The Student Site of Castilleja School


The Student Site of Castilleja School


The Student Site of Castilleja School


Faculty collective critiques school leadership in anonymous Medium post

Mia Ramirez
QR codes linked to the statement were displayed in the Arrillaga building.

“The Sixth ‘C,’” a self-described “collective of diverse faculty members across various departments, programs, and administrative teams at Castilleja School,” posted a statement criticizing the school administration and the Board of Trustees on Medium Tuesday night.

The post addressed alleged inconsistencies surrounding former Head of School Nanci Kauffman’s departure, the disappearance of Assistant Head of School Nadia Johnson and the suspension of the ICA Experiential Learning program.

The statement opened by questioning the Board’s announcement that Kauffman’s decision to step down was a “recent” and “mutual” decision, citing a contradictory statement made at the September 7th All Hands meeting and the hiring of a consultant.

The post was the first time the student body was notified of Johnson’s departure. A faculty member that collaborated closely with Johnson said, “There was no communication across the faculty, and there still has not been any formal communication with faculty to this day, about her absence.”

All faculty members interviewed asked to remain anonymous out of fear of retribution.

Another Castilleja teacher who worked with Johnson added, “as someone who receives a lot of guidance and mentorship from her, certain aspects of my role have been at a standstill because we’ve just been waiting.”

“I still don’t know what happened, so that is, I think, the most alarming piece. And that’s why I’m glad that some of the faculty are speaking up, because this kind of behavior, or these actions are not okay to model for our young people. And this should not happen at a learning institution,” one faculty member said.

Acting Head of School Kathy Layendecker and the Board of Trustees cited Layendecker’s email to parents and guardians in response to a request for comment. In the email, Layendecker described the promotion of the statement via QR codes as “disrespectful of and intrusive to students’ experiences.”

She also wrote in the email that Castilleja does not support “misrepresentations, unfounded accusations and the refusal to participate in open dialogue.”

“The fact that [the Sixth ‘C’ announced the statement anonymously] is a testament to how unsafe the climate feels,” a faculty member said. “I’m sure that if there was a proper channel, they would have used it, but this was a way that another perspective could be shared. I think they did that because people are scared, and they need a way to express what’s going on.”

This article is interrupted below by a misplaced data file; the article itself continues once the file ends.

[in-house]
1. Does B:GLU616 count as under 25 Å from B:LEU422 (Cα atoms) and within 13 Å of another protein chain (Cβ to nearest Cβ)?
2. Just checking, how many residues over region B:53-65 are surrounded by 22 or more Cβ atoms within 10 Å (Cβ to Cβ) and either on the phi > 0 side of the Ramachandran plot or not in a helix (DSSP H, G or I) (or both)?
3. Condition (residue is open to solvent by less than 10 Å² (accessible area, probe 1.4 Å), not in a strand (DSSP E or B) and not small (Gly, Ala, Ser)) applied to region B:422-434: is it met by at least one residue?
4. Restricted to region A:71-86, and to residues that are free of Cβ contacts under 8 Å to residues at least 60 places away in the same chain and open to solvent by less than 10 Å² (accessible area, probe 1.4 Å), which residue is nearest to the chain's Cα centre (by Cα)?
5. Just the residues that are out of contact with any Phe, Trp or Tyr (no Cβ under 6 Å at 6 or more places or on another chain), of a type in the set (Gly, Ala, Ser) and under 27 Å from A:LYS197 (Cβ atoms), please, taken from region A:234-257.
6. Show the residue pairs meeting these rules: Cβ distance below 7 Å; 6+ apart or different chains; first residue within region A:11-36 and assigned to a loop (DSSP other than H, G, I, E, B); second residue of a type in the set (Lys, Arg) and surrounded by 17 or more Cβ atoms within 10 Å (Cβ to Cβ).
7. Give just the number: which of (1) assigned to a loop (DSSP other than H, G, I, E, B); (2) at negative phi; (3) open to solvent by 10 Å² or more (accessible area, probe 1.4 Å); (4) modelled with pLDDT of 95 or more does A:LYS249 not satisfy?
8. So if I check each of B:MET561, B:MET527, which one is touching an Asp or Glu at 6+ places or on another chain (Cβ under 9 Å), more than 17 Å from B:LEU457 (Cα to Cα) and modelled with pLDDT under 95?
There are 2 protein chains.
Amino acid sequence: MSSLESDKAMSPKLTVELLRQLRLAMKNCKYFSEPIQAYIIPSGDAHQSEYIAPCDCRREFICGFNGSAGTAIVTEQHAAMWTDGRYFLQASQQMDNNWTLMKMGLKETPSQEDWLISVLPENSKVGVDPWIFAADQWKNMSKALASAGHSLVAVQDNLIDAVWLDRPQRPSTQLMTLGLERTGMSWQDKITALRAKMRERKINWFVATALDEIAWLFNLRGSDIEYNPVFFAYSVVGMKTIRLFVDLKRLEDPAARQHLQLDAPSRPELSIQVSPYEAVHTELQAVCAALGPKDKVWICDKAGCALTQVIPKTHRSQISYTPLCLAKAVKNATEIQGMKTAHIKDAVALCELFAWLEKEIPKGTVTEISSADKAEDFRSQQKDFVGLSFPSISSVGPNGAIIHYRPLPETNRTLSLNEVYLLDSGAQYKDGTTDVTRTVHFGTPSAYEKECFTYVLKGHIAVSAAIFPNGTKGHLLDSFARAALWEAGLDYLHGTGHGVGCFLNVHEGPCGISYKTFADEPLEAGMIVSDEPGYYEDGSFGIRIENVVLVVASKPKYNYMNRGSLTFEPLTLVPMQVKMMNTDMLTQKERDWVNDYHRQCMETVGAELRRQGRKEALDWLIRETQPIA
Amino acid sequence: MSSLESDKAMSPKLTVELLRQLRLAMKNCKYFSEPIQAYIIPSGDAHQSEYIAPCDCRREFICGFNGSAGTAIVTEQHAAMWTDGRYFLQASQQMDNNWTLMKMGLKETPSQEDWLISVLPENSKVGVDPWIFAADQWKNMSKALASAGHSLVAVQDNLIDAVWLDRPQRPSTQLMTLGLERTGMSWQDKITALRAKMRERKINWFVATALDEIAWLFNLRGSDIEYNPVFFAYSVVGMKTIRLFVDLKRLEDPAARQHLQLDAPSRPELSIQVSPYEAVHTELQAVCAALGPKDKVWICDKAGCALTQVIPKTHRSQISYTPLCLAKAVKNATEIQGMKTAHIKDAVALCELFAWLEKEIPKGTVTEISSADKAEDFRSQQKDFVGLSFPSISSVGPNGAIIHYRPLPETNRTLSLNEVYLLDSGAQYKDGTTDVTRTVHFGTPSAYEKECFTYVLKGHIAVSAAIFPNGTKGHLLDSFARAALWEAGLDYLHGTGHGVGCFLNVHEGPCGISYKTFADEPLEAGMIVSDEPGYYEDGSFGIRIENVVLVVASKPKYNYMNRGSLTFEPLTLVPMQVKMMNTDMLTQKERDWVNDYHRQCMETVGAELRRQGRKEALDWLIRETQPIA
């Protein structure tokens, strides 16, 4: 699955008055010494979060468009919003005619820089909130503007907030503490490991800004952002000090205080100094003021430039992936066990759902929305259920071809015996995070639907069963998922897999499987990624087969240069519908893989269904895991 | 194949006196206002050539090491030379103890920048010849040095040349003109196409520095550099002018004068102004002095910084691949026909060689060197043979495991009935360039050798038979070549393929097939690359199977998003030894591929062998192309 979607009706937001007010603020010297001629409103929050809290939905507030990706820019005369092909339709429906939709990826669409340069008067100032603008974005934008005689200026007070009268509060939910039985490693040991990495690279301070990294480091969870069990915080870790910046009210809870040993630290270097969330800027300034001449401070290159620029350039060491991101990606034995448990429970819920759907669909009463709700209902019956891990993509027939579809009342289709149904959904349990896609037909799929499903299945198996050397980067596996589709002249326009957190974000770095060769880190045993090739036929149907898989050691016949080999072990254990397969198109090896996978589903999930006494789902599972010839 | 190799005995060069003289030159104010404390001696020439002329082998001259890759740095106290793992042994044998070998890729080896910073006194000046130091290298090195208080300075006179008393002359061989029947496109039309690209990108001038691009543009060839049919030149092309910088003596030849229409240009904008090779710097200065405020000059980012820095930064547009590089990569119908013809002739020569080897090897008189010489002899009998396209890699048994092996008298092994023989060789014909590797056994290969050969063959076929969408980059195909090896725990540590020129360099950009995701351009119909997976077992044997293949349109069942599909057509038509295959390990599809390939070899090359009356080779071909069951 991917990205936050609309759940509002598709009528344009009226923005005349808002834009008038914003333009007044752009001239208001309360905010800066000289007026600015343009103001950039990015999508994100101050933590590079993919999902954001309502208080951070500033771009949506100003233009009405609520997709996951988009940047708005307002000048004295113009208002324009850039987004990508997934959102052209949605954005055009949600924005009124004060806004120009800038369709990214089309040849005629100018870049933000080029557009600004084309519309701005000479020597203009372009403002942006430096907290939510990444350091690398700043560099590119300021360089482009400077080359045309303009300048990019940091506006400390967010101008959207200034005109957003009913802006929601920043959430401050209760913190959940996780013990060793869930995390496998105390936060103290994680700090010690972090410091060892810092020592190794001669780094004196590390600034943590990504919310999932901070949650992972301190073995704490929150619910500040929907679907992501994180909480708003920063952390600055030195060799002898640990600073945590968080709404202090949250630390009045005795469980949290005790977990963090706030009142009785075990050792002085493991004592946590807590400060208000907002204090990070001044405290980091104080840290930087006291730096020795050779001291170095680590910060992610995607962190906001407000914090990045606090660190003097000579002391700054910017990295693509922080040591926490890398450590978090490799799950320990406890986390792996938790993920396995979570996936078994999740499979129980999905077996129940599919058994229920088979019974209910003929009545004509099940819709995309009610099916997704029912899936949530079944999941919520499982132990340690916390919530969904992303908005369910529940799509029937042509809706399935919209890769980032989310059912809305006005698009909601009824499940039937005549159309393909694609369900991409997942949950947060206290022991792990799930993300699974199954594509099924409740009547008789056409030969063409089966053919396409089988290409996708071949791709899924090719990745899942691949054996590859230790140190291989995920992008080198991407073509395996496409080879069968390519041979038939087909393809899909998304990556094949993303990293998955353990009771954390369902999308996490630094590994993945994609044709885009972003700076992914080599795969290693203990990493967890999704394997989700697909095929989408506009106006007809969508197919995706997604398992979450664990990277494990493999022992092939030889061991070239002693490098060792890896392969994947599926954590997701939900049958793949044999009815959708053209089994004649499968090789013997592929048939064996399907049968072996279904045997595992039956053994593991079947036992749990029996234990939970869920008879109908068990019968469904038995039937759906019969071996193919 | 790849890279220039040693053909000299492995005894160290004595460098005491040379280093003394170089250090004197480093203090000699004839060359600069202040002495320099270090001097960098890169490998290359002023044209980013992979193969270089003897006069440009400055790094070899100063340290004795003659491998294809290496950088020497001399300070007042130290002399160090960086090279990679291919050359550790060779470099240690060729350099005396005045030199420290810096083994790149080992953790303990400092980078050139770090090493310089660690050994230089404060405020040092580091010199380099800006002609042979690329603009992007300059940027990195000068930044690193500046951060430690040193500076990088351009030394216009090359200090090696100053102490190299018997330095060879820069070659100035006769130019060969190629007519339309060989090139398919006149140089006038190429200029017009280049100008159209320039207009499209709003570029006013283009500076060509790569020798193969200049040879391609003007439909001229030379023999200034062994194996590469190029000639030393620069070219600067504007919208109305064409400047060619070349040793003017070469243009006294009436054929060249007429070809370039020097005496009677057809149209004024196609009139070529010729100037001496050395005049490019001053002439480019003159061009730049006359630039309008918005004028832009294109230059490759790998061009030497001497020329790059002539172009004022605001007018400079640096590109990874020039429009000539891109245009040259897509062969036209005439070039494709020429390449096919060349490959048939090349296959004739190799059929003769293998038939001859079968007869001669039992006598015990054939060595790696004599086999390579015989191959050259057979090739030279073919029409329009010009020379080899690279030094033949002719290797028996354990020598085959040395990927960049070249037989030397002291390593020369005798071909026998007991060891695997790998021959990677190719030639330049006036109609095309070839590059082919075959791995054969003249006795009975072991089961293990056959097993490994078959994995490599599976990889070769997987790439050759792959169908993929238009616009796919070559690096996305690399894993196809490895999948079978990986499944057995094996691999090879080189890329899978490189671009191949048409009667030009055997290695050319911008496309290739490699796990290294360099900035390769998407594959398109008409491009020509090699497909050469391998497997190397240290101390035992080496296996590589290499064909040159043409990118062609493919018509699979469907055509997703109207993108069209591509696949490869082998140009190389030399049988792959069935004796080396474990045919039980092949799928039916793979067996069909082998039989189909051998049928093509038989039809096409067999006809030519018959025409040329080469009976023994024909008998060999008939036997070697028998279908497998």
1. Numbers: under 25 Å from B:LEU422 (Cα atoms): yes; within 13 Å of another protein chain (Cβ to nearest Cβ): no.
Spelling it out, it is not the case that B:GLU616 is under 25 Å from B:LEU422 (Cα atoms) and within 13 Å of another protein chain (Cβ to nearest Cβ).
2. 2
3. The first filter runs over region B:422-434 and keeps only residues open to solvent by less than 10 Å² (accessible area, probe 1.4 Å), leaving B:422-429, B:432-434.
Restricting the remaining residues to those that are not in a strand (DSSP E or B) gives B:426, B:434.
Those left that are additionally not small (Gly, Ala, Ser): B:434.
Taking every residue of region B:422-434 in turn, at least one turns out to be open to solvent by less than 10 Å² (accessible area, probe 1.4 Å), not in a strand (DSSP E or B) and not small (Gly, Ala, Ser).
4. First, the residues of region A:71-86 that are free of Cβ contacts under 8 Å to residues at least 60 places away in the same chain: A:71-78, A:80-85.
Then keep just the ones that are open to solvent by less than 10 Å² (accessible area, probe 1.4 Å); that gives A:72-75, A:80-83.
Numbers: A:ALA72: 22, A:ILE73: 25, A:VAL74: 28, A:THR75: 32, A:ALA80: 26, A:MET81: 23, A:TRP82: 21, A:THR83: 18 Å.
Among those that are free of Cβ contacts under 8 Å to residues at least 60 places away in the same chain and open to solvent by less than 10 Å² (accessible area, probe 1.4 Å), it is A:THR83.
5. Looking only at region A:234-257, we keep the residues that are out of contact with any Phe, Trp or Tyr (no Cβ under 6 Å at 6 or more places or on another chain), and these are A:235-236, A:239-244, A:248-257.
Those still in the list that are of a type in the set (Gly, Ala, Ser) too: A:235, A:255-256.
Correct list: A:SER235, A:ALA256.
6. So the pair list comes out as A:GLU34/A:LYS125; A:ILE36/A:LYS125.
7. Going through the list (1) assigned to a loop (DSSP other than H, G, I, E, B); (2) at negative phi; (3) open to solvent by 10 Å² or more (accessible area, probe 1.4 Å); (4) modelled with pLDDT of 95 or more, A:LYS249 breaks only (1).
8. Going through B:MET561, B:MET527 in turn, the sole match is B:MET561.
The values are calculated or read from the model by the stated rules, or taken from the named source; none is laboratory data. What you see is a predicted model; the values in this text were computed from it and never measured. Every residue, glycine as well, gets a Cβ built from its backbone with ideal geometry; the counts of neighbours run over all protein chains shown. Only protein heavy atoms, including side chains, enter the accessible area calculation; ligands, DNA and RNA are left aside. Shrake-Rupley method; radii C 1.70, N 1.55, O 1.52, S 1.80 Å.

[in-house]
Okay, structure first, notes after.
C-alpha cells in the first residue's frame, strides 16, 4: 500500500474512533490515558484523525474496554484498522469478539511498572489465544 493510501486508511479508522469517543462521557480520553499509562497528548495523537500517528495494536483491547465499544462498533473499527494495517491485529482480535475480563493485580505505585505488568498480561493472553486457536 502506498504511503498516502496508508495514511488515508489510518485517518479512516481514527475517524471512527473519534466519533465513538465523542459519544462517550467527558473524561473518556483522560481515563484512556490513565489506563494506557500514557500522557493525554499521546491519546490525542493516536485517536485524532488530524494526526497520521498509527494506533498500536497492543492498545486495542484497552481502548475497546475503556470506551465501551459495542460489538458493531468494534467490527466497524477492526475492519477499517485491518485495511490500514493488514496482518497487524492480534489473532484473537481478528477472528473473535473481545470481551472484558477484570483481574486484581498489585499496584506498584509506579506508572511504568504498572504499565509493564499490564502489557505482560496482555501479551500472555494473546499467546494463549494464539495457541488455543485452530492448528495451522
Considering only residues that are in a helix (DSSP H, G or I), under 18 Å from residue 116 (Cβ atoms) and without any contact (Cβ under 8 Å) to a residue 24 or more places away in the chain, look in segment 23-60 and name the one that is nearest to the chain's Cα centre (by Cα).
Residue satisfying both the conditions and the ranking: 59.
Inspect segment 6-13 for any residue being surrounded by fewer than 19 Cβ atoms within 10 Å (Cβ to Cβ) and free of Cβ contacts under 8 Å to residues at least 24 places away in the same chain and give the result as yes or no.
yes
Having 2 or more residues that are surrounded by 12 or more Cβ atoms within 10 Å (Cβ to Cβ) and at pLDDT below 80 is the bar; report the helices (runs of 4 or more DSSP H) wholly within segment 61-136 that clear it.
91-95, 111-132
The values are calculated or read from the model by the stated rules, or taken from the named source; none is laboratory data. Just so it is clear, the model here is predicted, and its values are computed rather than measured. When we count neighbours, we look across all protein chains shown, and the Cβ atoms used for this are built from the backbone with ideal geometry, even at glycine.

“It makes me incredibly sad that this is the way that it was felt to be necessary to express these thoughts,” another Castilleja teacher said.

The statement’s final criticism was aimed at the school’s decision to suspend the ICA & Experiential Learning program before properly gathering feedback from faculty and students.

“I may not have agreed one-hundred percent with how the ICA program was rolled out or constructed. And I also don’t think that the decisions that have been made are also sound or bring stability for our students,” a faculty member said. “I hope people reading remember the anti-racism competency of valuing multiple perspectives and sitting with dissonance. I want to challenge students to think about it with nuance and complexity. There’s a lot of different perspectives, and they’re all valuable.”

Another Castilleja teacher advised readers to understand that “an article as thoughtfully and carefully crafted as this comes from a place of caring about the community.” They said, “It’s a love letter to the school, because it’s like the authorship says there’s hope. Because the other alternative is, ‘I’m just leaving.’”

Layendecker will be meeting with students in-person tomorrow to “support them as they process their thoughts and feelings.”

This is a developing story.

Editor’s note: If you are a member of The Sixth “C,” Counterpoint is interested in hearing your story. Inquiries can be sent to [email protected] or [email protected].

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About the Contributor
Thea Dai, Editor-in-Chief
Thea Louise Dai '24 is an Editor-in-Chief of Counterpoint. For her fourth year writing for the paper, she hopes to impact the Castilleja community by telling relevant and important stories. When she's not at school, she also loves to play volleyball and take photos.

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